A decade after the Internet, Nepal is still struggling to make a creative dent in cyberspace. There are 16 Internet Service Providers for the rather small Nepali market of 100,000 Internet users. Being online still isn't big business for anyone, except a handful of travel-and trade-related sites who can make the odd buck from online registration for their services.
If you look at Nepali websites catering to domestic and international users, it isn't hard to see why. Of course, given the size and particular ramifications of Nepal and its economy, it's highly unlikely we'll have any real transition to a New Economy anytime soon, or see local firms listing on NASDAQ unless someone here goes online with a brilliant new application or service. But even given the conditions we have, Nepali sites could be a little more imaginative. They could look better, read better and work better.
Basically, verbiage about the endless possibilities of the Internet and a border-less world aside, Nepali sites fall into one of two categories-portals and entertainment sites, and professional sites for organisations. There are few that create an interactive, aesthetic experience while also providing a service. The entertainment sites and portals usually have a few illegal mp3s, a must-have Java chat applet, lots of links that don't work, a free webmail service and sometimes even a matchmaking service. The corporate and non-profit sites offer or simply advertise their services. Most visitors to entertainment sites are from the Valley and their favourite pastime seems to be tapping away at their keyboards, producing inane exclamations and flirting in chat space. A chat room veteran explained that the hottest topics are "sex and India bashing".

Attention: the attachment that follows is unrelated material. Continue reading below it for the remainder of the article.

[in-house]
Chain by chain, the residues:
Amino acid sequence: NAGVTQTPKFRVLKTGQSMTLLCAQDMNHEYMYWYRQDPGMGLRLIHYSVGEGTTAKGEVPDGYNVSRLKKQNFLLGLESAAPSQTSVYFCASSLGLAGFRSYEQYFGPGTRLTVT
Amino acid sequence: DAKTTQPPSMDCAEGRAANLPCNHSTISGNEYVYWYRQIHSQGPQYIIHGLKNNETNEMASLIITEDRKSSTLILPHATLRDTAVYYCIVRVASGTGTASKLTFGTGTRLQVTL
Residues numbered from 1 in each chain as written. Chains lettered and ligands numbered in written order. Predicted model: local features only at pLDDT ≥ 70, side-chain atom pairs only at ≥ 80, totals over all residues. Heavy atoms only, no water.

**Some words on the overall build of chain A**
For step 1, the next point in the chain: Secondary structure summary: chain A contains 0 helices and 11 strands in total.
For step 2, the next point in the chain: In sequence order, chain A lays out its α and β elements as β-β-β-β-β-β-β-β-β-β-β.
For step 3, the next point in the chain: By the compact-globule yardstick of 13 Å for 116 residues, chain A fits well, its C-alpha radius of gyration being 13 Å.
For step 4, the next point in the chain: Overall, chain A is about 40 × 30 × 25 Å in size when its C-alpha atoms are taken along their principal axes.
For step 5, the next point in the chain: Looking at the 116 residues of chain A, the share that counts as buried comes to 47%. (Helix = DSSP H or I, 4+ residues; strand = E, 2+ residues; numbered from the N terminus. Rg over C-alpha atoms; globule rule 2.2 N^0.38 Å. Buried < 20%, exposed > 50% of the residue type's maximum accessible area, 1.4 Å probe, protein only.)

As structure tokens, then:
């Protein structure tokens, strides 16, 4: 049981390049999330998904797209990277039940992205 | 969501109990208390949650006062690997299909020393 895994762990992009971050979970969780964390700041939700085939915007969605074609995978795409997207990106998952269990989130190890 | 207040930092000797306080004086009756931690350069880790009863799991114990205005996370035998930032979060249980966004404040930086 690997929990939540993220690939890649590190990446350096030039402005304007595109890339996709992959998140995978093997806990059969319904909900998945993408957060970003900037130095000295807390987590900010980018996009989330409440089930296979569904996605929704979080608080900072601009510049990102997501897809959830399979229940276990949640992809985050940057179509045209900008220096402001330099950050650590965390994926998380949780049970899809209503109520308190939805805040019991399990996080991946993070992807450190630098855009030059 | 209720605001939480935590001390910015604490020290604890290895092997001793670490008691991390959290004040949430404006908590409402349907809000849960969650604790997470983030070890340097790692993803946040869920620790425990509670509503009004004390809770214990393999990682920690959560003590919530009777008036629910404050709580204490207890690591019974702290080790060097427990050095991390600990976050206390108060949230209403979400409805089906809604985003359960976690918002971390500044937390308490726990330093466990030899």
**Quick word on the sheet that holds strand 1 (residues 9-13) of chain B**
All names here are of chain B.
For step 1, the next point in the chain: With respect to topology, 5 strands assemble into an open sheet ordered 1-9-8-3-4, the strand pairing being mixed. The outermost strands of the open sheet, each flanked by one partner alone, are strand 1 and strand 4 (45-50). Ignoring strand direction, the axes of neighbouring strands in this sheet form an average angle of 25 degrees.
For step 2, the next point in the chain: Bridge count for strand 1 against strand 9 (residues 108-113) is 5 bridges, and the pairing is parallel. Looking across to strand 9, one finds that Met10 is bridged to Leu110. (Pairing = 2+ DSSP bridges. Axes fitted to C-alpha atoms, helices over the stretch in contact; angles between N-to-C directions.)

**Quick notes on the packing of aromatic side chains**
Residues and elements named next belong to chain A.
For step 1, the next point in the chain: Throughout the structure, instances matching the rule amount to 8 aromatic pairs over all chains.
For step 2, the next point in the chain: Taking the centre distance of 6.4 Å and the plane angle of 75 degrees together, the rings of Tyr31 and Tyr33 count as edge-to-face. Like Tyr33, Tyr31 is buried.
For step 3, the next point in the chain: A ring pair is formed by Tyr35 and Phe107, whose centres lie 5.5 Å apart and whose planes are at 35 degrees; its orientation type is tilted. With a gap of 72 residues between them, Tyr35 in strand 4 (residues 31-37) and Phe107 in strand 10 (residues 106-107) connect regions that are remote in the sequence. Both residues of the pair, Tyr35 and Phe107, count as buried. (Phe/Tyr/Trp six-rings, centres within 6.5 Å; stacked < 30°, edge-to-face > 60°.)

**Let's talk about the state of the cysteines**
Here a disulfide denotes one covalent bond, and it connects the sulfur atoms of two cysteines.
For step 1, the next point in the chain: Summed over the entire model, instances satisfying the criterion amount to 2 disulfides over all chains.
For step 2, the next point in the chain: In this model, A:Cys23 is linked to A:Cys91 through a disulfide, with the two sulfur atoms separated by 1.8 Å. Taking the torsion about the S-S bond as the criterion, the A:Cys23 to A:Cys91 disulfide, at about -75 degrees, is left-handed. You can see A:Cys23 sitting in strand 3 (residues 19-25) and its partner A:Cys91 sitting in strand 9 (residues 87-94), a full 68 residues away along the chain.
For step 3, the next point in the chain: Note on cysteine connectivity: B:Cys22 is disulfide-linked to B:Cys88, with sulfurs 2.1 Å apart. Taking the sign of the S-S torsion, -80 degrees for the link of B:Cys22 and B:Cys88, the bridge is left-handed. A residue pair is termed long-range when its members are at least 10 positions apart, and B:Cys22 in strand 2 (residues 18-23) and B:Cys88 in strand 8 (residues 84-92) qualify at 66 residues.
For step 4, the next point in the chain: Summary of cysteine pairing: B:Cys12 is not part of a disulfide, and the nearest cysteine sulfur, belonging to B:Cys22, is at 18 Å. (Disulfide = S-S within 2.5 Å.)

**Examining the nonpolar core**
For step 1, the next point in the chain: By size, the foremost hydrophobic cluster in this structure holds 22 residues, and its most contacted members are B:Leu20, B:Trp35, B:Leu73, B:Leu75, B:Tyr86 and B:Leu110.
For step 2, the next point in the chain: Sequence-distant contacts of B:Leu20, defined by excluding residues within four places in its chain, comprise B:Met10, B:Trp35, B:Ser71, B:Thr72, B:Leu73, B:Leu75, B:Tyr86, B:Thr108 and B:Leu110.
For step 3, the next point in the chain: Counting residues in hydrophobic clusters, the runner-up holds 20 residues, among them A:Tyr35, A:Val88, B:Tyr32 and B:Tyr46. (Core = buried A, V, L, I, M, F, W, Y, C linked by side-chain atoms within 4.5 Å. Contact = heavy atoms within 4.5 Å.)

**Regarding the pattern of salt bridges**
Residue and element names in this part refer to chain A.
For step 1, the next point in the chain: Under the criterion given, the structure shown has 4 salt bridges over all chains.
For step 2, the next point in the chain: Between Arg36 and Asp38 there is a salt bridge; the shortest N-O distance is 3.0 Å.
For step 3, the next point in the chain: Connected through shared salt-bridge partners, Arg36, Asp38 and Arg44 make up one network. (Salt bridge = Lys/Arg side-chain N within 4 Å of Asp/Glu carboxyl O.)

Nepali users from overseas usually log on to news sites like nepalnews and kantipuronline. Many users of entertainment sites like hamro.com, explorenepal.com and nepalsearch.com are Nepalis who see the more technically advanced international services like Yahoo! Messenger as community spaces that force you to efface your cultural identity. Interestingly, though, once casual chatters becomes regulars and start making friends they form groups in global services like MSN and Yahoo Messenger and bid goodbye to Nepali chat sites. Webmaster accept that this is a regular occurence and, in some ways, inevitable.
Hamro.com (formerly econepal.com) is one chat site that's managed 'stickiness' pretty well in these competitive times. ('Stickiness' refers to the ability of a site to draw repeat users who eventually form a loyal community around it.)
Hamro.com was Nepal's first Java-powered chat site. It was launched about a year ago and soon had over 40,000 registered users-this is clearly Nepal's most popular chat site. Although hamro.com is virtually synonymous with online chatting for Nepalis, the webmasters are trying to do something out of the ordinary. State radio's radionepal.fm already web-casts Nepali music 24 hours on the site. Their matchmaking service sets up dates and has around 1000 members. The webmasters are even throwing a party for their loyal chat-service users. "Hamro.com is not just a chat site," says Sakar Bhusal who at 19 is perhaps Nepal's most successful and youngest webmaster. "We are planning to go much further ahead with a whole range of different features, like study abroad guidance specifically designed for Nepali students," says the young geek. Hamro.com is thriving only because it provided the first Java-based chat applet and constantly upgraded it to the present voice chat. The other sites have simple chat programs that anybody can download from the many free software providers. In Nepal, like in many wired societies, first-mover advantage, user-friendliness and technical finesse often make the perennial critical arguments about bandwidth and appropriate Net-technology for developing countries irrelevant in the context of community building.